Archive for October, 2011

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Music for Halloween, Classic and Otherwise

October 24, 2011

Here are are my top thirteen Halloween music faves. Okay, they’re not all Halloween-specific, but they fit the mood of the holiday. If you expected a “classic” song that’s not there, keep in mind just because it’s old doesn’t mean it’s a classic — or even that good  (sorry, “Monster Mash,” “Purple People Eater,” and theme songs from both The Munsters and Addams Family — all good and fine, if you’re seven years old).

In alphabetical order:

Ballad for Dead Friends (Dashboard Prophets)
Blue (Angie Hart)
Burn the Pain (Trip Cyclone, Shivers 2: Harvest of Souls)
Cry Little Sister (G Tom Mac; True Blood version)
Desperado (Alice Cooper)
Halloween (Dream Syndicate)
Idiot Prayer (Nick Cave & the Bad Seeds)
Pet Sematary (The Ramones)
Rest in Peace (Spike, Once More with Feeling OST)
The Wrong Side (Abney Park)
Time Warp (Rocky Horror Picture Show OST)
Transylvanian Concubine (Rasputina)
Tubular Bells (Mike Oldfeld)

Six songs that scared me as a child (that I’ve since grown to love):

D.O.A.* (Bloodrock)
House of the Rising Sun (The Animals)
I Am the Walrus (The Beatles)
Sick Things (Alice Cooper)
White Rabbit (Jefferson Airplane)
White Room (Cream)

Zombies + Beatles = I Wanna Eat Your Brain

Surprisingly, “Sympathy for the Devil” (Rolling Stones) didn’t bother me. Go figure. Maybe even as a kid, I didn’t buy their “ooh we’re dabbling with demonic stuff here” schtick.

*Except for this song. Who the hell thought it was a good idea to release this for radio play (circa 1971)?  Frightened me more than anything I’ve ever heard.  Ever.  Still creeps me out. Do not look this song up; it will give you nightmares.

Six old-school faves*:

Danse macabre (Camille Saint-Saens)
Funeral March of a Marionette (Charles-Francois Gounod)
Hungarian Rhapsodies, No. 2 in D minor (Franz Liszt)
In the Hall of the Mountain King (Edvard Grieg)
Teddy Bear’s Picnic (Henry Hall)
Toccata and Fugue in D minor (Johann Sebastian Bach)

*Gee, waddya know, the majority of these I first heard in old Warner Brothers cartoons. And then there’s Raymond Scott’s “Powerhouse” — which isn’t spooky, but is industrial-assemby-line-unstoppable-machine awesome.

Hope you find something above you will enjoy. Happy Haunting!

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Happy Halloween

October 23, 2011

So it’s a bit early.  If I had my way, it’d be Halloween all year round. Last month, my husband and I came home from a night out, and when we opened the patio door, this tarantula walked right in.  Seriously, like it owned the place. We chased it back out to the patio.  It crept over to a potted plant where it met up with a smaller fellah. Mother and son? Giant female and little immature male? Who knows. (Apologies for the blurry pic.) We haven’t seen either one since that night.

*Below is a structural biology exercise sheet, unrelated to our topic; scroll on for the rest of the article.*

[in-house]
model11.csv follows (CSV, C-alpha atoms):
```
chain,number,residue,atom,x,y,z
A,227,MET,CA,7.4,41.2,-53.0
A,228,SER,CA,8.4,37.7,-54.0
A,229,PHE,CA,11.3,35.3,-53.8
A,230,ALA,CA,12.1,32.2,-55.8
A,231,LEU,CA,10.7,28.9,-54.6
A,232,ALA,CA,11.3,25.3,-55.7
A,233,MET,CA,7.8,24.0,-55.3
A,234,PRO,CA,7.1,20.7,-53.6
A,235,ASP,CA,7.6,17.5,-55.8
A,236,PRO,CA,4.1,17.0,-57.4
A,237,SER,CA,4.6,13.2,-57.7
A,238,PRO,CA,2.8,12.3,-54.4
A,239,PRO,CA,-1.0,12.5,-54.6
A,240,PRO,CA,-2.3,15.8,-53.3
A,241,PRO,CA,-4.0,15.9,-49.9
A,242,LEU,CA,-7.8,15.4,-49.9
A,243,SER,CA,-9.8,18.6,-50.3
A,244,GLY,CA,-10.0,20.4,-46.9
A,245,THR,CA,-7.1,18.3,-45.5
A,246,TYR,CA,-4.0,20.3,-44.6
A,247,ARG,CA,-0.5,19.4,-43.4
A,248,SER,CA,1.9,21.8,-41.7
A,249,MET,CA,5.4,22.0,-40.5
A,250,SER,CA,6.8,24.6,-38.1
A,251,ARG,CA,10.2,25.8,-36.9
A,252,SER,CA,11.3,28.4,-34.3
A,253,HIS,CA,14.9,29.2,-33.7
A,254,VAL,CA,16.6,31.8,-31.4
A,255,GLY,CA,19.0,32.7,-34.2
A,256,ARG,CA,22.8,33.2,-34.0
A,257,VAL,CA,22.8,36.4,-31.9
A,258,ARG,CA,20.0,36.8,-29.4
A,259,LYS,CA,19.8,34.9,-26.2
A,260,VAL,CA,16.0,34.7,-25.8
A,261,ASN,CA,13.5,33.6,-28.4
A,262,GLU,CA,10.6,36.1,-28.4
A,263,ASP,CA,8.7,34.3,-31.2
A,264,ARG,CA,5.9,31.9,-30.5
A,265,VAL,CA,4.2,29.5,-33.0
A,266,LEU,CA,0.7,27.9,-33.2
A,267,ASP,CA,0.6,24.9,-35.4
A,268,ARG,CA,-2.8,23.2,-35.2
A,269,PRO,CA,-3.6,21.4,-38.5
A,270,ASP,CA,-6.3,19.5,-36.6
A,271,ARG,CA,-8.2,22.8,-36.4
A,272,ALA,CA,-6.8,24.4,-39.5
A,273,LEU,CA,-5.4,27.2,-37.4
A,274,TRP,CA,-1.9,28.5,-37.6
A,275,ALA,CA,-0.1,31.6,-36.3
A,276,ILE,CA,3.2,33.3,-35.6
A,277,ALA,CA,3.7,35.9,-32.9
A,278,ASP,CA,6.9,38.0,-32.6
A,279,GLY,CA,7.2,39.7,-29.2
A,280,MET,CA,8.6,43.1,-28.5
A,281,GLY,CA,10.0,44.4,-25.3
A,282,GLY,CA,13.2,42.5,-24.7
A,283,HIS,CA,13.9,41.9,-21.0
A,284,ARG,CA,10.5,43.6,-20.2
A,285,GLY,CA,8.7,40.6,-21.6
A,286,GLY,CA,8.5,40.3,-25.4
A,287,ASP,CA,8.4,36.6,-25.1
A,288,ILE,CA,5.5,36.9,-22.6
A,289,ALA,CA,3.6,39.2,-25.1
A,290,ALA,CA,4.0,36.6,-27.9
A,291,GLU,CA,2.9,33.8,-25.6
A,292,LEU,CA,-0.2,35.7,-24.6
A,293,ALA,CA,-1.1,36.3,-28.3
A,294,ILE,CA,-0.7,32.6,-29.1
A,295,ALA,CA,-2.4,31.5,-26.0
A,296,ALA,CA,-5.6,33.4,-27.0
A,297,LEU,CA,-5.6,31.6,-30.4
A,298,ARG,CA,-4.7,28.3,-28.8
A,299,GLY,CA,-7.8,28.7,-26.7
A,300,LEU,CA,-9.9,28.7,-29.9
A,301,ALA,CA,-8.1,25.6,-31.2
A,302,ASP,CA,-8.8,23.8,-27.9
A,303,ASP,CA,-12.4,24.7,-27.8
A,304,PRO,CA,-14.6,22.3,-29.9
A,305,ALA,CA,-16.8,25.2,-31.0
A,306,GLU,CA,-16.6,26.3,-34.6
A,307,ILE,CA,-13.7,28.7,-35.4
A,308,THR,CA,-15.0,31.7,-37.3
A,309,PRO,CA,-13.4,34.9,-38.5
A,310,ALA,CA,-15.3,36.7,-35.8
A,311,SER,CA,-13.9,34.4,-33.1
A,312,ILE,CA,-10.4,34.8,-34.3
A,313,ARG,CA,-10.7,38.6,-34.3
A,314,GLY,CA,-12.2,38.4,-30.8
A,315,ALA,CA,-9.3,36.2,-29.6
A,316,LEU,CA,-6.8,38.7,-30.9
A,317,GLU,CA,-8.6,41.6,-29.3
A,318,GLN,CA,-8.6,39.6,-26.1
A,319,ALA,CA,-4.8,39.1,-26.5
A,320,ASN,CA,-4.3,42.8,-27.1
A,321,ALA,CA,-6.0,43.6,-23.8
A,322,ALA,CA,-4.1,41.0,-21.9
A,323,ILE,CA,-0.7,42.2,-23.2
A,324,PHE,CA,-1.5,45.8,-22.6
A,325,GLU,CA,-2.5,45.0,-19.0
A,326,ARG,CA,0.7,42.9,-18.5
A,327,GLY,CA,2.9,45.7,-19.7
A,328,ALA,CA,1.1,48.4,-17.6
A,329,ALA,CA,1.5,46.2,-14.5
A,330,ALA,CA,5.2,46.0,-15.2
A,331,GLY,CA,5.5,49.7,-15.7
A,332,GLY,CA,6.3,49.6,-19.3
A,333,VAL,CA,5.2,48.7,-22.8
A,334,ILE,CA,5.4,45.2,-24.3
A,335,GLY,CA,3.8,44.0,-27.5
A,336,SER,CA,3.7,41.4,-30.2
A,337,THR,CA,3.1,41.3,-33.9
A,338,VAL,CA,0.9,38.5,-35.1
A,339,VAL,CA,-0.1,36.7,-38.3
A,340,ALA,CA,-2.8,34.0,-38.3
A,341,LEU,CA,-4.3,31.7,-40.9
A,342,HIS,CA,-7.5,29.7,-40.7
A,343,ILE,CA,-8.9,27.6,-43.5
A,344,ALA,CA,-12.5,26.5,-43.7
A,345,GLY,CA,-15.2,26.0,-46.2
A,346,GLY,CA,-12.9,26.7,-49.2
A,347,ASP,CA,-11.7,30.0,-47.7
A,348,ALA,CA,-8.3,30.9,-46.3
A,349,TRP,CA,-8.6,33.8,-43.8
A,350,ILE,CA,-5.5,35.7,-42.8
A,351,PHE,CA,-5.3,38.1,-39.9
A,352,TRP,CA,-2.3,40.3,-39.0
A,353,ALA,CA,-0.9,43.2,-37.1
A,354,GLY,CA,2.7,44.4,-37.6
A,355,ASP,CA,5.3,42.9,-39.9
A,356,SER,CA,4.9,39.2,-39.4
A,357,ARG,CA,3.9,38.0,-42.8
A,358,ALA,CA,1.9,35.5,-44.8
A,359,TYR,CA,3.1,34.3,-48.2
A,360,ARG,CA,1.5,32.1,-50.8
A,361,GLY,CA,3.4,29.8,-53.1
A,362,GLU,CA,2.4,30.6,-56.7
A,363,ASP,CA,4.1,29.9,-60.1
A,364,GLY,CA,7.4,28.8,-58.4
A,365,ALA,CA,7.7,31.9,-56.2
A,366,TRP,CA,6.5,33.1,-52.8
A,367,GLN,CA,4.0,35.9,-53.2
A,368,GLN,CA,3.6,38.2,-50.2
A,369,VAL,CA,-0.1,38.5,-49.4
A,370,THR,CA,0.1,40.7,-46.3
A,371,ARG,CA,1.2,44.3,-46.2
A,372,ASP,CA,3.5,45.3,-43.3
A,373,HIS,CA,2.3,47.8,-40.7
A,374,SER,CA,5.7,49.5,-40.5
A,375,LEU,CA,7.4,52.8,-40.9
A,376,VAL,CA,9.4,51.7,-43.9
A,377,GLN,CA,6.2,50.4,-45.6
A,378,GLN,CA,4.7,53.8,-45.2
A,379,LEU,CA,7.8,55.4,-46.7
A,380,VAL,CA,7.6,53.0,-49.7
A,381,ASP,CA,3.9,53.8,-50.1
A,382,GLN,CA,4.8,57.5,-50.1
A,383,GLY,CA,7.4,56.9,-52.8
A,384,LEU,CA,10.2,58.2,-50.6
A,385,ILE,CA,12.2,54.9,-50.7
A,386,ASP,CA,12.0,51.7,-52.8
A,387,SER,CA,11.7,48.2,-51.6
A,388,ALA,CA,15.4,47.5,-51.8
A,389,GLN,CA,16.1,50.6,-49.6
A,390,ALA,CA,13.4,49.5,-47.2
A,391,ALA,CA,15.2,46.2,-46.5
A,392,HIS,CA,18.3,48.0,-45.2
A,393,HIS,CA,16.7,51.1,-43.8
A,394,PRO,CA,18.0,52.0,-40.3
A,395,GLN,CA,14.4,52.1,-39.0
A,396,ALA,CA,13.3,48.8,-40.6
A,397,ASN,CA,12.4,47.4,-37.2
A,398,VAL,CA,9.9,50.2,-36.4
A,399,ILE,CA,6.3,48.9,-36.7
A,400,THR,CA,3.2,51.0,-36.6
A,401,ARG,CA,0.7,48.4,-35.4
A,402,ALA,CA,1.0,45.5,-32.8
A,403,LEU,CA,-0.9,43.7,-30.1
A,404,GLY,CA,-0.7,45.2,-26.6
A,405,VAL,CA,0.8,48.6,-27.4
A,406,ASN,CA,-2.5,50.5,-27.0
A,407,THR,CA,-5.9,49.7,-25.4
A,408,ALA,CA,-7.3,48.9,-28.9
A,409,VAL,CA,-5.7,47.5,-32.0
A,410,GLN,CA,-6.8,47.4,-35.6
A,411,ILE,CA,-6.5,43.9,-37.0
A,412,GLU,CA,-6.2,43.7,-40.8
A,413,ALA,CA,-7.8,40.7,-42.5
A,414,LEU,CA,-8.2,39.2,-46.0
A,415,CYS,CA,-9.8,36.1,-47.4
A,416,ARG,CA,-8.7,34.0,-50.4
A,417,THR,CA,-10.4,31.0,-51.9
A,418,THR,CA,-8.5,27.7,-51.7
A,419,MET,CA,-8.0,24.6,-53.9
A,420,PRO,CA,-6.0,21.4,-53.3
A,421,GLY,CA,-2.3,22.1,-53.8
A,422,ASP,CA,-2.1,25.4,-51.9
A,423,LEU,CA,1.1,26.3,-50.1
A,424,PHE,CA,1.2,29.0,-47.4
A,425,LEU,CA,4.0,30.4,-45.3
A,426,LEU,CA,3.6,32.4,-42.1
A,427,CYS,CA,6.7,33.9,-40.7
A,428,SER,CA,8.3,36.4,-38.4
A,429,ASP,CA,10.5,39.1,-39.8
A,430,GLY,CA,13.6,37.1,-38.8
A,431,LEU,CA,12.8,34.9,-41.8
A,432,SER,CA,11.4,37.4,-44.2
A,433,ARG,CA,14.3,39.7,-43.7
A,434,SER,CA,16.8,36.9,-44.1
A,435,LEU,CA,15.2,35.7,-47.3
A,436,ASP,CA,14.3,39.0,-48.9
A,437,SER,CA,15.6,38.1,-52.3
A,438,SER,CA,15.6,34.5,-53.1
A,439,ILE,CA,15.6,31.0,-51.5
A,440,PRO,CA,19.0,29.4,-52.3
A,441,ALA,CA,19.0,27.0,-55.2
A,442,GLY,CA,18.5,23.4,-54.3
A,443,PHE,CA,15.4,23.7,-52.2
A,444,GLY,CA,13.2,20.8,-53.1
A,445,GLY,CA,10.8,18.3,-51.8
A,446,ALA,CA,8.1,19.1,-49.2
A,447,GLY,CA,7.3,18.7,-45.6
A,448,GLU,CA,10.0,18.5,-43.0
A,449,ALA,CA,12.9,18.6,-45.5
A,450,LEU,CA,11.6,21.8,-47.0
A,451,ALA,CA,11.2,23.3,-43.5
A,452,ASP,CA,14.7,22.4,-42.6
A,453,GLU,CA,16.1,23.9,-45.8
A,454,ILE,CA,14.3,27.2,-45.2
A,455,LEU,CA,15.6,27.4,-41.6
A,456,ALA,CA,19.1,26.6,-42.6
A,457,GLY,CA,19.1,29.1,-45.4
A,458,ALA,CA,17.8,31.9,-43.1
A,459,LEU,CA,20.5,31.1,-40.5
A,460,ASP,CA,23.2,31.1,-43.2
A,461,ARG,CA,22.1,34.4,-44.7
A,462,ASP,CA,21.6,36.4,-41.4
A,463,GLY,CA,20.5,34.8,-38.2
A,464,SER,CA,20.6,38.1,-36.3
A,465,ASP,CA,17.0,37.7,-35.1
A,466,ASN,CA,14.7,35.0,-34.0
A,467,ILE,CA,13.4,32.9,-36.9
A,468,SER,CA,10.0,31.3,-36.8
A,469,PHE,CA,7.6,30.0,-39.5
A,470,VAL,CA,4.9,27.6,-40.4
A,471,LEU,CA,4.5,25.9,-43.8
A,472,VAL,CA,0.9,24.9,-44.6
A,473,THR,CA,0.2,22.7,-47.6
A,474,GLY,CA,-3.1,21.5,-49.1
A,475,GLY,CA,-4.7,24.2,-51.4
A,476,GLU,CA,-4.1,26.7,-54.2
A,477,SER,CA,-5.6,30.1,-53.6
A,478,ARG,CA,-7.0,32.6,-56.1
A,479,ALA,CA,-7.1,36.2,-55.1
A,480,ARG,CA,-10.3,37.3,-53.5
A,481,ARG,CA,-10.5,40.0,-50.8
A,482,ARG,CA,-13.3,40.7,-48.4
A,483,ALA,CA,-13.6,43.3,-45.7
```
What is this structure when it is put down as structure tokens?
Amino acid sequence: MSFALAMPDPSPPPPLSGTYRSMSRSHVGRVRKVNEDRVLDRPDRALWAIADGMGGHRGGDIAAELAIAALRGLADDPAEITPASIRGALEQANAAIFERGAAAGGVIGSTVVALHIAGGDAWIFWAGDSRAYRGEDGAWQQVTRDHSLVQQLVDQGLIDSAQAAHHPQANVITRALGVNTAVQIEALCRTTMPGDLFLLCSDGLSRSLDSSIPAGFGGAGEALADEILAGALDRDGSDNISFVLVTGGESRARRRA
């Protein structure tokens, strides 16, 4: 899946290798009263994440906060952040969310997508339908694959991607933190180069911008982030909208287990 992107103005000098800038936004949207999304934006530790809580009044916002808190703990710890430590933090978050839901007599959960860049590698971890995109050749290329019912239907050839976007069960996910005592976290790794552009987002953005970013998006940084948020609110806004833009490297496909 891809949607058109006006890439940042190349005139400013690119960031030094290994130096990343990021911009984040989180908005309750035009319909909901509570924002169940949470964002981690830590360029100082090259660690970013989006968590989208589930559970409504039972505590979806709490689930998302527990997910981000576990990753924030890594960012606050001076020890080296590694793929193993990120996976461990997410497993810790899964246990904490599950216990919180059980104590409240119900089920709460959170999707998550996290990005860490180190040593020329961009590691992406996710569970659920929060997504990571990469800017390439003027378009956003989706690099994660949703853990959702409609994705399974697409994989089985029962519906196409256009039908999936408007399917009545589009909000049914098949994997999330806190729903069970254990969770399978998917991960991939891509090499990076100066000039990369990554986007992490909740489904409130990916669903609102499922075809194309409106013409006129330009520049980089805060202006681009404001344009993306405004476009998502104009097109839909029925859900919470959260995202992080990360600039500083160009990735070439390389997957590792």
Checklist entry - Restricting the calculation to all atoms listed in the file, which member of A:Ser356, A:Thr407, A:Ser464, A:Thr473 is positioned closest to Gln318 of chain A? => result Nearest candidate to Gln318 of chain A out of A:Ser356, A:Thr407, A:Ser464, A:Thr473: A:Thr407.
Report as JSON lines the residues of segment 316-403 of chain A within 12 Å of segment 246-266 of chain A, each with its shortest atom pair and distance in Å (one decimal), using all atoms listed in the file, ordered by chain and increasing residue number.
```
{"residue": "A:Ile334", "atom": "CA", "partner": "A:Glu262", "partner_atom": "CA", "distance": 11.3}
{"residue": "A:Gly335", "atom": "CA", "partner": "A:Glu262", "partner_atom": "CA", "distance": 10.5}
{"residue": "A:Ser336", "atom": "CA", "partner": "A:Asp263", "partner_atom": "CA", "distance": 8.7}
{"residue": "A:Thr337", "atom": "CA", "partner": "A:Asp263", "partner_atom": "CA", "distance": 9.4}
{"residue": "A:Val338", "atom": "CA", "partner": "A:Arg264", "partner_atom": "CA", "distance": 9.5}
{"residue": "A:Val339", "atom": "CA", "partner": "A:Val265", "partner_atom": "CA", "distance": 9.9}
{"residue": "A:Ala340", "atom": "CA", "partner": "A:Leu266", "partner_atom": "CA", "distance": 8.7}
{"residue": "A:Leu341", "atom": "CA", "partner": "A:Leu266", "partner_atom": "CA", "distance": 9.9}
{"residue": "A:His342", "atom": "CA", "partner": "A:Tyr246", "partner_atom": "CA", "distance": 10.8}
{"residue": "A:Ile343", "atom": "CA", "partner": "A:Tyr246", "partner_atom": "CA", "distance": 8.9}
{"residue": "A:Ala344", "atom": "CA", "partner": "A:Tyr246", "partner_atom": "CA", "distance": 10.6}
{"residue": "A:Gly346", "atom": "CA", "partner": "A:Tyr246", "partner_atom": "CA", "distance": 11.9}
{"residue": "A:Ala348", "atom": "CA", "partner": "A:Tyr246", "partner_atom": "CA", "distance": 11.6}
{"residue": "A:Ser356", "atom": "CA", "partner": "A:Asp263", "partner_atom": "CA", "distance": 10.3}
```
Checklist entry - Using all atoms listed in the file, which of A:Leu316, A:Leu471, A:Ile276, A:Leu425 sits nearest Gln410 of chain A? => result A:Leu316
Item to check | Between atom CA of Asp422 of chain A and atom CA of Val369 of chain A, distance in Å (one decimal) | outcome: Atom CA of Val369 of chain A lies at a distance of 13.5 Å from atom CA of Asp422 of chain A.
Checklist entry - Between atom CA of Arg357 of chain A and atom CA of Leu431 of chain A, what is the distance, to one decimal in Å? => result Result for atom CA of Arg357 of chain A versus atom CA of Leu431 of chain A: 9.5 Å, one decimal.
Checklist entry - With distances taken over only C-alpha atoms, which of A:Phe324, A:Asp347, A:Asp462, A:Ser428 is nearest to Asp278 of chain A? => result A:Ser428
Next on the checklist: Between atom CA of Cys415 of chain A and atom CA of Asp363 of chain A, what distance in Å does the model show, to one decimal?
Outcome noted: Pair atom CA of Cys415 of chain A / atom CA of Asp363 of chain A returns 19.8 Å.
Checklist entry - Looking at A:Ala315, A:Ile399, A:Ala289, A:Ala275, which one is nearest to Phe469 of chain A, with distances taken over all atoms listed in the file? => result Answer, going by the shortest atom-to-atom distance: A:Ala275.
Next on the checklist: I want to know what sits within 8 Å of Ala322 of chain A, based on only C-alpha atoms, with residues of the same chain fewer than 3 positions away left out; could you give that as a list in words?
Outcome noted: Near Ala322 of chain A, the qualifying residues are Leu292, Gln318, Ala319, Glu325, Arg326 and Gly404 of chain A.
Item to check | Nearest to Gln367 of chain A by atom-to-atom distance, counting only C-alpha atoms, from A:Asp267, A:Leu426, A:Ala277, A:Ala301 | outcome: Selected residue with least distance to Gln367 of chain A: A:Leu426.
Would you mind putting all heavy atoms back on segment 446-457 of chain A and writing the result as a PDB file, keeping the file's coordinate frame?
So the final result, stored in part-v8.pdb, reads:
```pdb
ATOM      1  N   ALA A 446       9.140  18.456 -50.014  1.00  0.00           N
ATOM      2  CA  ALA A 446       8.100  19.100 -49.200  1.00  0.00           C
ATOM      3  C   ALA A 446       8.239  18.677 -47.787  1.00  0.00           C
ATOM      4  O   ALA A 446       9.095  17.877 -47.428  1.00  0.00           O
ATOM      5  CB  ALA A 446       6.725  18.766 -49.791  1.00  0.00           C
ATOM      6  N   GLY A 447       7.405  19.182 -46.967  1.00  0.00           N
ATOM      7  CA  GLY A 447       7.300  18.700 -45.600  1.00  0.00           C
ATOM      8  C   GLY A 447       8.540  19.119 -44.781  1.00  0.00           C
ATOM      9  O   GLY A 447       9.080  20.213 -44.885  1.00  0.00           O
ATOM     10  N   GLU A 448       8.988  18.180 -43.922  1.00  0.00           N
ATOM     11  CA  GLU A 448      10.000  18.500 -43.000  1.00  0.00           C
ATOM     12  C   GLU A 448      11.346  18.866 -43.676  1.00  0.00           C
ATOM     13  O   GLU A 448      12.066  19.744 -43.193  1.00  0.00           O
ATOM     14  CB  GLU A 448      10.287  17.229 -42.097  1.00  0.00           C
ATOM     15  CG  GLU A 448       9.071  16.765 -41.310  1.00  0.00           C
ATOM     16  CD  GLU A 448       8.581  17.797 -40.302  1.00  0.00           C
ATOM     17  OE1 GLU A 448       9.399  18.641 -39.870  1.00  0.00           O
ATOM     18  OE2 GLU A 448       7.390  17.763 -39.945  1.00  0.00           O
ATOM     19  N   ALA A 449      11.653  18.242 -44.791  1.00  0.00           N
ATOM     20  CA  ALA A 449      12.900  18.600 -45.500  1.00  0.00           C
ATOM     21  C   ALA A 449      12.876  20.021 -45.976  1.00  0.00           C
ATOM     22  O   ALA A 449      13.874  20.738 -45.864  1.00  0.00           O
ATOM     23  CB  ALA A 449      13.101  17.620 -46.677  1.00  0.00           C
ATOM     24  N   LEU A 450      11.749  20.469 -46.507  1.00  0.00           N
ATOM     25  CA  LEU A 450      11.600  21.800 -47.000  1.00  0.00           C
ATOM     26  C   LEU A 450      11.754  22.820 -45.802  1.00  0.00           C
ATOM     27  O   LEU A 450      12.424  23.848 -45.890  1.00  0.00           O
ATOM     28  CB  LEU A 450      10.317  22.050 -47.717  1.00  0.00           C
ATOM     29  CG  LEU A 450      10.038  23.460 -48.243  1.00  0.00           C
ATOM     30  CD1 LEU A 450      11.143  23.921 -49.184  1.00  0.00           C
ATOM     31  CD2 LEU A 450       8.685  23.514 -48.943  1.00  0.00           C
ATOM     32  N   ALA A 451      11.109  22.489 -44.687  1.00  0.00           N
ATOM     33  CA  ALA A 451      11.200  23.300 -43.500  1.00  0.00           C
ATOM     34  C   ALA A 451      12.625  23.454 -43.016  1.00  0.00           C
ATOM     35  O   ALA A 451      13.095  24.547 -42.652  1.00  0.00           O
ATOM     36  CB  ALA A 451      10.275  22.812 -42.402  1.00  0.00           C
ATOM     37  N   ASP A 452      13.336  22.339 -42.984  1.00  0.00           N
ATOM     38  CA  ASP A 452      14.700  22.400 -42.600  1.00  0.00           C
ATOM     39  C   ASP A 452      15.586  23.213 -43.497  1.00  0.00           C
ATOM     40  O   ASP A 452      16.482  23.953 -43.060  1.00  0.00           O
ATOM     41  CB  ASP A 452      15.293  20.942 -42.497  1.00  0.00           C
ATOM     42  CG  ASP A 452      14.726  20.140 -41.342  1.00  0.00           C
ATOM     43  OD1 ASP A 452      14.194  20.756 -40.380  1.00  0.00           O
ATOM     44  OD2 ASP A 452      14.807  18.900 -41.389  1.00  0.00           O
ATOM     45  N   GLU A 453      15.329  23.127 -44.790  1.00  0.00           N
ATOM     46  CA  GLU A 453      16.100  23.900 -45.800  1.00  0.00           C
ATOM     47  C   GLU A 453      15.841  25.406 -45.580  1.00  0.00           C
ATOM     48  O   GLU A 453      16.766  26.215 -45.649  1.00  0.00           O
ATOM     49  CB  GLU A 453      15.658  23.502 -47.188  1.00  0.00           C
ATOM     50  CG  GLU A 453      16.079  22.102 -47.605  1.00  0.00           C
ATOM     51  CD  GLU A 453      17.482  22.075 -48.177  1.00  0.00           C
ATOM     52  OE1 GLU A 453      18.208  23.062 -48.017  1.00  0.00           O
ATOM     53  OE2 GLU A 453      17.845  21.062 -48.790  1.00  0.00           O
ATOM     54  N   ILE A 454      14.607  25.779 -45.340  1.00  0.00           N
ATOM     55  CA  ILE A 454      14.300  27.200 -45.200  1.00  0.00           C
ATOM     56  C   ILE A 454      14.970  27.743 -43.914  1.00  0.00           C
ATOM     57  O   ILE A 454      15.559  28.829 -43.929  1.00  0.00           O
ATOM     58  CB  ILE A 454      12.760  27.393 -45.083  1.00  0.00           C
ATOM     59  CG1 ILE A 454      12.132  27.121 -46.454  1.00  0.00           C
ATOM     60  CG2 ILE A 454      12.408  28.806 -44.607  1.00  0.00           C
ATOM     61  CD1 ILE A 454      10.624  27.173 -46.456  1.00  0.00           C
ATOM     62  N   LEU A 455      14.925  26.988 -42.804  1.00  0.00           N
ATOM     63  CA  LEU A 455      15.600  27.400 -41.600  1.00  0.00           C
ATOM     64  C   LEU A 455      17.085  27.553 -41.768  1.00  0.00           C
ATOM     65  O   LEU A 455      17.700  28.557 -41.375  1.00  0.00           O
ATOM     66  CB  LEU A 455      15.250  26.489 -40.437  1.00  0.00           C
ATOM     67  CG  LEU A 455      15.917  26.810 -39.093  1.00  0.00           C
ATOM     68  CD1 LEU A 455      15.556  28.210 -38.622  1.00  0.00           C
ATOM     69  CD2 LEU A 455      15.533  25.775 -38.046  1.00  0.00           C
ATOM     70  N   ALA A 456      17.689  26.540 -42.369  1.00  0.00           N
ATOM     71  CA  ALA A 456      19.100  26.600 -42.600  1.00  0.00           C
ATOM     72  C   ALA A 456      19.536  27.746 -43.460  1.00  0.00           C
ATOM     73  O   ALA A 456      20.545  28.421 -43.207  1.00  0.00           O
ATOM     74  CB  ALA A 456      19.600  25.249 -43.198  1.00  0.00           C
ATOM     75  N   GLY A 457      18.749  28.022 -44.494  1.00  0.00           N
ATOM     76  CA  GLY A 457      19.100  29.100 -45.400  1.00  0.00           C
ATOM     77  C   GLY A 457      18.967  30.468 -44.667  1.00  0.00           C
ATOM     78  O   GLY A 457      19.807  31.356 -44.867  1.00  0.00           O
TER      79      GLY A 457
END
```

Care to dance the tarantella?

Anyway,  hope you all have a safe and happy Halloween!

Ooooo, spooky!

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More Old Sci-Fi Movie Posters: Two Creatures and a Crabbe

October 14, 2011

Creature from the Black Lagoon (1954). Directed by Jack Arnold. German language poster (obviously).  Doesn’t look like he’d be very fast on land. Oh, and we could make all sorts of remarks about his ruby red fish lips, phallic fish head and the dark mouth of his cave, but — this is a PG site, after all.

The Creature Walks Among Us (1956). Directed by John Sherwood. Raising watery hell in San Francisco. Again, a literal fish out of water story (and, again, note those puffy red fish-lips — eeeew). Quick, doc, the needle!

And now,  a fish-man of another spawn:

Flash Gordon (1936).  Starring Larry “Buster” Crabbe. Raised in Hawaii,  Buster was an Olympian swimmer (gold medalist) who starred in everything from B-movies (Tarzan, The Most Dangerous Game, Island of Lost Souls, Buck Rogers, etc., etc.) to myriad television appearances. He worked consistently from 1930 to 1982 (in 114 titles). He died in 1983. He’s my new old movie-star crush.

Buster Crabbe, Pool-boy Extraordinaire.

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It’s October: Time for Werewolves

October 6, 2011

Summer’s done, and Fall has finally come to southern Arizona. Saw a sign in a local used book store pertaining to werewolves and change, and well, I can’t resist:

 

That’s my version. Hope you like.